Kidpreneurs raise over $750 for charity

Rachel Ziv 7 August 2016


Sunday marked the culmination of the July school holiday’s Club Kidpreneur program, with an impressive market stall at the Bus Depot Markets in Kingston.

Launched in April, the Club Kidpreneur program gives children aged 8-12 a taste of entrepreneurship by helping them establish a business, create a product, test it, and then sell to real customers on “Market Day”. All profits from the product sales go to a charity of the kids’ choosing.

The latest program, which ran between the 5th and 14th of July, saw a new group of kids (some returning for the second time) create eleven unique businesses with products ranging from origami and shell coasters, to happiness jars, bags and wallets, scrabble rings and more.

Collectively they raised over $750 for charities that included RSPCA, Fred Hollows, Sids and Kids, ACT Breast Cancer, Red Cross and the ACT Cancer Council.

Talking to the children, it became clear how much more the process meant to them than just being able to make something.

Every one expressed a true interest in business, an appreciation of the difficulty of creating a product and bringing it to market, and the effort is takes to convince people to buy your products.

“We’re forecasted to make $430 if we sell everything,” said 11 year old Amali (who, together with business partner Ruby, was selling felt ball necklaces, zebra-print broaches, wrap bracelets and scrabble rings). “But selling can be tricky. A lot of people look and smile, but then walk away.” A sentiment shared by many business owners!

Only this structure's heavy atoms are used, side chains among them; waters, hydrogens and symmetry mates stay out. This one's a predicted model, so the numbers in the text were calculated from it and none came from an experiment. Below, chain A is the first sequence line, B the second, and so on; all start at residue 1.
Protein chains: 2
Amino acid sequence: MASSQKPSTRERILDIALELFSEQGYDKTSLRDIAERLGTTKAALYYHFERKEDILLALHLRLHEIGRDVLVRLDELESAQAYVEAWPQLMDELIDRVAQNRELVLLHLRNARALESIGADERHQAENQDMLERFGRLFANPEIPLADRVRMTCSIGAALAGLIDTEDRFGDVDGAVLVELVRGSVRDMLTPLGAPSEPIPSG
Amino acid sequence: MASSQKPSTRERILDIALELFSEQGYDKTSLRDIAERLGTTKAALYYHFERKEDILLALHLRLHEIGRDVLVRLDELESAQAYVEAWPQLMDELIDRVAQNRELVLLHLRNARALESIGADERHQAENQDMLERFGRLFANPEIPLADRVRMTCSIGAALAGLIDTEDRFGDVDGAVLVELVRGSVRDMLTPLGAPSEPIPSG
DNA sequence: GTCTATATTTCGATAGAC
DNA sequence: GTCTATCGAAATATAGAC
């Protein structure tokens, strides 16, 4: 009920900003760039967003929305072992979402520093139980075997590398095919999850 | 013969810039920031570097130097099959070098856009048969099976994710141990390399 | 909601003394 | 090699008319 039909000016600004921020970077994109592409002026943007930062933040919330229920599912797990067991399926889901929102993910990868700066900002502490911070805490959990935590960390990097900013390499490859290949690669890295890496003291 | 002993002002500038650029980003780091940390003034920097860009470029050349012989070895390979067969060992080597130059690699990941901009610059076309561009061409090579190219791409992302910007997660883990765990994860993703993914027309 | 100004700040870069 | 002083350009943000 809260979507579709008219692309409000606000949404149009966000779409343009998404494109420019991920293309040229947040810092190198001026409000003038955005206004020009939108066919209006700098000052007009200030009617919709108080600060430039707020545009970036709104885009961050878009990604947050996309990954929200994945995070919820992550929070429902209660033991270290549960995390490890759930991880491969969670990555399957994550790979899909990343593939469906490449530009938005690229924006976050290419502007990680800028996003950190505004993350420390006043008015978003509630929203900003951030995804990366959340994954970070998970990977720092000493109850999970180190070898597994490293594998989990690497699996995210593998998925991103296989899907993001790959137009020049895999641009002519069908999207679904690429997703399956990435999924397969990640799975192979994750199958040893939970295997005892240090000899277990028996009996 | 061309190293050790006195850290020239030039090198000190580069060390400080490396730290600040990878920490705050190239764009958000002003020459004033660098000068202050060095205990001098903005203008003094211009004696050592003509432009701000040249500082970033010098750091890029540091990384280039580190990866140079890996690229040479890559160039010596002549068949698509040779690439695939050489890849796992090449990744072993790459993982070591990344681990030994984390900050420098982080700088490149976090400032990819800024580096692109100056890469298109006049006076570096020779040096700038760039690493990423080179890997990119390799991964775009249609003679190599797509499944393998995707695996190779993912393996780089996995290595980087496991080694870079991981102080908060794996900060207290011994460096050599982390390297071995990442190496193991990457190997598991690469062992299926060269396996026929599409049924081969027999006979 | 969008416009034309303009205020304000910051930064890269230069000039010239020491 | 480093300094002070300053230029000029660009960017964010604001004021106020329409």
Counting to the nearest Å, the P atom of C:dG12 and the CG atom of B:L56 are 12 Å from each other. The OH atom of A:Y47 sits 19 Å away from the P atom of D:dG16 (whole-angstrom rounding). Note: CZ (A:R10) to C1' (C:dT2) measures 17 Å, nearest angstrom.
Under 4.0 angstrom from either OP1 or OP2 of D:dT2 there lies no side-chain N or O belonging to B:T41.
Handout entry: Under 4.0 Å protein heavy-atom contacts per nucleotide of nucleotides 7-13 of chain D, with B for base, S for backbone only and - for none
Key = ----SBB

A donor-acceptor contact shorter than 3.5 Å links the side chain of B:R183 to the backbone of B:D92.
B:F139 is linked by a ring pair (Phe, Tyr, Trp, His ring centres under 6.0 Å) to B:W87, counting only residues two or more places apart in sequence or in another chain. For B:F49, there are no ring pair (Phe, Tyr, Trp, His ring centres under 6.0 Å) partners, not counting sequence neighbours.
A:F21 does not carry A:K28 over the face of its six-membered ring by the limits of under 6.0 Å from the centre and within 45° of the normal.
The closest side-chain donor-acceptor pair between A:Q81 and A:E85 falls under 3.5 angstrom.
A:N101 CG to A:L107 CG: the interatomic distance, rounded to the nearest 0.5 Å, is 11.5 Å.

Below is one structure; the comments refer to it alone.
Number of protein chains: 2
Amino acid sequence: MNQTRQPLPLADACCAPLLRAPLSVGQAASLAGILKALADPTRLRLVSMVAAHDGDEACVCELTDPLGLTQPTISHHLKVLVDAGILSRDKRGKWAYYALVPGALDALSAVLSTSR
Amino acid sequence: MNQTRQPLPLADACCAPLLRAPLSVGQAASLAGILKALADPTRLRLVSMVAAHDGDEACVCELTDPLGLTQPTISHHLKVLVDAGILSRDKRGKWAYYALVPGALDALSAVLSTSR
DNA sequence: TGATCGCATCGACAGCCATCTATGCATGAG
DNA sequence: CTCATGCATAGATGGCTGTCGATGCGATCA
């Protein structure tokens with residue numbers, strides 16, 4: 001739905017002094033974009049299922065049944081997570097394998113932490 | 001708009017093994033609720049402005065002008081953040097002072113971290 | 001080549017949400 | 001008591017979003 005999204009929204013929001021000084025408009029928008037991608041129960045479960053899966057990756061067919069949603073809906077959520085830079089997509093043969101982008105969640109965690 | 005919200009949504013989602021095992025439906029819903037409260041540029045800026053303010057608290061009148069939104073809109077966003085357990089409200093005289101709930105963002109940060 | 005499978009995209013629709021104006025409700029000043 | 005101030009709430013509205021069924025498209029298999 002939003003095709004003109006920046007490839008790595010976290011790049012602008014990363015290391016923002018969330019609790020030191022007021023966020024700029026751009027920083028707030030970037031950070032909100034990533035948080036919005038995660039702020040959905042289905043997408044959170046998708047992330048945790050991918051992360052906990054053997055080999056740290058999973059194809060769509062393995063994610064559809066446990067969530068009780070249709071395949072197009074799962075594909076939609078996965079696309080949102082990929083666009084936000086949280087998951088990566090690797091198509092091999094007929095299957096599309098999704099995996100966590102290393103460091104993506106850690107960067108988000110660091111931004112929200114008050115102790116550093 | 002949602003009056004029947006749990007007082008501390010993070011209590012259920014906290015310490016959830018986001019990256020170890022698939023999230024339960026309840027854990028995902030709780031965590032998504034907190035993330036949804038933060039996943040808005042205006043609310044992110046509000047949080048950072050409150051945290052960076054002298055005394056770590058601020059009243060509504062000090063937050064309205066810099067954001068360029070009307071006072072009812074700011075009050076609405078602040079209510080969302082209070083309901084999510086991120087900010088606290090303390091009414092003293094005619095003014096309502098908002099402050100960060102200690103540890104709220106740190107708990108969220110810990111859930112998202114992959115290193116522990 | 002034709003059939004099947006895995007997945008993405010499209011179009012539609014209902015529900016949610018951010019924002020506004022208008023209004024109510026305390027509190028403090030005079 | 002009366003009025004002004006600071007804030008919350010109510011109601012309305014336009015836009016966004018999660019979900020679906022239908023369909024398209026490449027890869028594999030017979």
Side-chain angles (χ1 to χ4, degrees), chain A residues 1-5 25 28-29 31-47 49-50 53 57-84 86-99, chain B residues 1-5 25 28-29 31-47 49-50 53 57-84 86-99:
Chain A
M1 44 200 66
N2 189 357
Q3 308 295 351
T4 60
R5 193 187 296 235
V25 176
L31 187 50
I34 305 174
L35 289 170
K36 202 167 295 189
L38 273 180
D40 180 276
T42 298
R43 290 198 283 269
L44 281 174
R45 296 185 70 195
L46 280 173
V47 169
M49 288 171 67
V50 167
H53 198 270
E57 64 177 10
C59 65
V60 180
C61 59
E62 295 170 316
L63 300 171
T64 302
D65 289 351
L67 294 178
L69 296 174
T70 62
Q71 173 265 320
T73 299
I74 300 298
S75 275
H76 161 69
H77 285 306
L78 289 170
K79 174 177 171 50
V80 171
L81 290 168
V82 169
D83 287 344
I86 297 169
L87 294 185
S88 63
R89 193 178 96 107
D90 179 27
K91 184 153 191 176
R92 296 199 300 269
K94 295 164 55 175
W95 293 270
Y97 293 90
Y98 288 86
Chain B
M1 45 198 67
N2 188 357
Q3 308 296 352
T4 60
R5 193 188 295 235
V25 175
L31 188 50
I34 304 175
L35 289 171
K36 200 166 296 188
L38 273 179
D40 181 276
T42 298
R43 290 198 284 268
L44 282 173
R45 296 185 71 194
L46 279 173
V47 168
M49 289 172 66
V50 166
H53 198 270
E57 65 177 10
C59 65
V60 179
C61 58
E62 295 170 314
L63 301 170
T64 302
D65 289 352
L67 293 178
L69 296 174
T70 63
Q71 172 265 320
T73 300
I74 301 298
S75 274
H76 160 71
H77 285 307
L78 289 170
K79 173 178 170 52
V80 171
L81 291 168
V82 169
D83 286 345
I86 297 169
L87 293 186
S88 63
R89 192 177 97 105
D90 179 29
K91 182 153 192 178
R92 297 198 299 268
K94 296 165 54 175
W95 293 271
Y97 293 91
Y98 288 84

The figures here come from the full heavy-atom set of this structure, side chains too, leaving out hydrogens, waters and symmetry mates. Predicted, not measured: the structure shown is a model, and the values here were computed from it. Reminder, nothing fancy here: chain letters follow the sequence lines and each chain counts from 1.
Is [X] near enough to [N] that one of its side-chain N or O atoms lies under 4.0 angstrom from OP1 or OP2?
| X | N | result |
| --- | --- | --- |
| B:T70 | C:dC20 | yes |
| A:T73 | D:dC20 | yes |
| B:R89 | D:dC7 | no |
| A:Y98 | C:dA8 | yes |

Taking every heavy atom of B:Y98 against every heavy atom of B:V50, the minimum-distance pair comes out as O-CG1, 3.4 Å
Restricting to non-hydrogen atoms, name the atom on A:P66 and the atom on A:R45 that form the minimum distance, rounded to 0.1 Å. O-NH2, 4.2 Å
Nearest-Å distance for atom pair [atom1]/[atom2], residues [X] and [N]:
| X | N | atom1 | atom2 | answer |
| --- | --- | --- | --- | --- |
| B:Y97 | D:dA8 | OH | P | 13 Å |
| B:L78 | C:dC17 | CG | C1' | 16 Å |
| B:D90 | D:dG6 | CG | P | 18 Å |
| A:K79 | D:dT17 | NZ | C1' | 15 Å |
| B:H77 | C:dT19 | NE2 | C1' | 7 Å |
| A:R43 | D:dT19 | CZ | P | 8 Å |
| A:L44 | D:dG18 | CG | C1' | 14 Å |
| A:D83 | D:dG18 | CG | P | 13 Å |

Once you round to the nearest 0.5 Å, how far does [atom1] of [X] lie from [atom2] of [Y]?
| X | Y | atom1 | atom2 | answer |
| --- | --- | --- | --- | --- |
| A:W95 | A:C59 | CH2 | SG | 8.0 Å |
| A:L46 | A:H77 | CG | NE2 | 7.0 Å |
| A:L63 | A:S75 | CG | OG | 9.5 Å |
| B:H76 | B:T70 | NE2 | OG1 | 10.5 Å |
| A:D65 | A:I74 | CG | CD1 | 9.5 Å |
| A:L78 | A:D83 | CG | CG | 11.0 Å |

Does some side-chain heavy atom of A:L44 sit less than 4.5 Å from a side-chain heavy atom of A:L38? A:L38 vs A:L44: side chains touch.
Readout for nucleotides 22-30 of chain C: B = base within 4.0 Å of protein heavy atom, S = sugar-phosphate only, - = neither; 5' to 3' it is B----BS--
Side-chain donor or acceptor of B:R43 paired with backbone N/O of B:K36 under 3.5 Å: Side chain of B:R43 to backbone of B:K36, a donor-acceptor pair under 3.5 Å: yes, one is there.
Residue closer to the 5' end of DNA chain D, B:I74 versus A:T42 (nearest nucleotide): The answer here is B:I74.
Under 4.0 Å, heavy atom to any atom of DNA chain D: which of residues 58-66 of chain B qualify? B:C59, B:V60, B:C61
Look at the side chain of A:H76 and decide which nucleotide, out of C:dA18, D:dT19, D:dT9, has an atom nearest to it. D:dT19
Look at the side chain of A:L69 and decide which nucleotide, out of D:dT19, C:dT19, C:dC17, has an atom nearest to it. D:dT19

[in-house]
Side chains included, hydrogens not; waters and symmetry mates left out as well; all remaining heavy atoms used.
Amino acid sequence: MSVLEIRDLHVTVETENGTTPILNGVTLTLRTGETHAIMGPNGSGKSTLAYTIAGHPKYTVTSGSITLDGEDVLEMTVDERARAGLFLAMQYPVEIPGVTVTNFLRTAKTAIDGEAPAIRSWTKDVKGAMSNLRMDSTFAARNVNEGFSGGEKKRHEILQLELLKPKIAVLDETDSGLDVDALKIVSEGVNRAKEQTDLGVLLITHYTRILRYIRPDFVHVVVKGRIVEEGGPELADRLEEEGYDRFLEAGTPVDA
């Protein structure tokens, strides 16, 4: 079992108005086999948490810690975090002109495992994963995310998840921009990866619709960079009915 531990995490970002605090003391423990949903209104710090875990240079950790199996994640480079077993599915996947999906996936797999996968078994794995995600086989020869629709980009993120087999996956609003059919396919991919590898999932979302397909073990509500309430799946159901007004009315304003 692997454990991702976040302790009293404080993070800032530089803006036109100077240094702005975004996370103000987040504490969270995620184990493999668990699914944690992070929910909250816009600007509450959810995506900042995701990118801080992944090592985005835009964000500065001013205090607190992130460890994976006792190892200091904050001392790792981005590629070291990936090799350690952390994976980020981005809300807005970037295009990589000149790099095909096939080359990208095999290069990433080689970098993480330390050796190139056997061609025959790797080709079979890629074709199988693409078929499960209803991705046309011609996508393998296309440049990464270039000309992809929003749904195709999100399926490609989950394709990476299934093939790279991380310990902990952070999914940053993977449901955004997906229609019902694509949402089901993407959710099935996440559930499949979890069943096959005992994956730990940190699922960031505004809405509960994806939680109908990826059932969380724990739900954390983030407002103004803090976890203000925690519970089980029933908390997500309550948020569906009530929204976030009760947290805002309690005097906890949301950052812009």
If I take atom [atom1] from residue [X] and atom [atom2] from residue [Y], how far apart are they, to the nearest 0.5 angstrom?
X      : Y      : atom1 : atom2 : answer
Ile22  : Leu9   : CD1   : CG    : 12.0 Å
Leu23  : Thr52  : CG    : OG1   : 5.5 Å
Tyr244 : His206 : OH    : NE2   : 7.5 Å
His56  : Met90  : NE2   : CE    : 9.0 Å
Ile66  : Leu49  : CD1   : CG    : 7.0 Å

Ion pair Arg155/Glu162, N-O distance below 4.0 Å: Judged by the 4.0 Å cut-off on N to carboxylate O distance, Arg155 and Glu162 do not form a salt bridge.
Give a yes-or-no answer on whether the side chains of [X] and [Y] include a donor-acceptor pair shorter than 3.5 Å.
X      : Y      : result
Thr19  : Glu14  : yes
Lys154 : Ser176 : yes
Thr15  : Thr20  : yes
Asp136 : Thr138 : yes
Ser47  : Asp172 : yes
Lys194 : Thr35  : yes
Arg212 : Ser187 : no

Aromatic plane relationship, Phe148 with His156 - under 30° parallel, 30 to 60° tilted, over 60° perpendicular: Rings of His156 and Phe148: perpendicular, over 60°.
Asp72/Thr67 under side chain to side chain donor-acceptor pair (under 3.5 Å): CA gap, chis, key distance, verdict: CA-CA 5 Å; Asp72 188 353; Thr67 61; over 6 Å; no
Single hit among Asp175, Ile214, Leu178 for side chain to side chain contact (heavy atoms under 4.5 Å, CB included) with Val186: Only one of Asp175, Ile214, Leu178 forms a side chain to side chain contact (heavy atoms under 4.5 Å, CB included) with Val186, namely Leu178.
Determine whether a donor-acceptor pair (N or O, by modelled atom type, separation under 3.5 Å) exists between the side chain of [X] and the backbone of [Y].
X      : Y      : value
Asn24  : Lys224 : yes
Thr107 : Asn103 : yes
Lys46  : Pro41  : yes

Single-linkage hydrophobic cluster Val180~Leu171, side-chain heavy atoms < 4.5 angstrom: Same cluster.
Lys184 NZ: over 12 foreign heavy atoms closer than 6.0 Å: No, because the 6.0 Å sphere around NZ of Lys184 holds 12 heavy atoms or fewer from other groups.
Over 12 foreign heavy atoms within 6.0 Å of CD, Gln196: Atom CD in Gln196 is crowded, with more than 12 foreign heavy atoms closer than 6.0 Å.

For business partners Ellie and Danika, it was an opportunity to meet new people, make friends and learn about business. “It’s my second time as a Kidpreneur,” says Ellie. “So I knew what to expect. But I just love it. I love business, and I love making things.”


Ten year old Carli decided to work on her own, and had manufactured a collection of keyrings, cards, emoji pom poms, sea coasters and more. “I just love how creative you can be. There’s no limits, and so many possibilities. I get to make what I want, and sell it too.”

Ten year old Ben, an entrepreneur in the making, talked about his decision to create “Christmas in July” with business partners Jed and Jackson, after surveying the list of resources at hand. “It just made sense,” he said. “We let the materials inspire us. It was great learning about starting a business, and making the products.”

Charuni Weerasooriya, who runs Club Kidpreneur says, “I’m just so proud of all of them. It would be difficult for any adult to do what they have done in two days. But then to come here and have the confidence to showcase their products, talk to strangers and sell what they’ve made – it’s truly amazing.

This program gives kids such a great opportunity to learn through real world experience; which is absolutely the best way to learn.”

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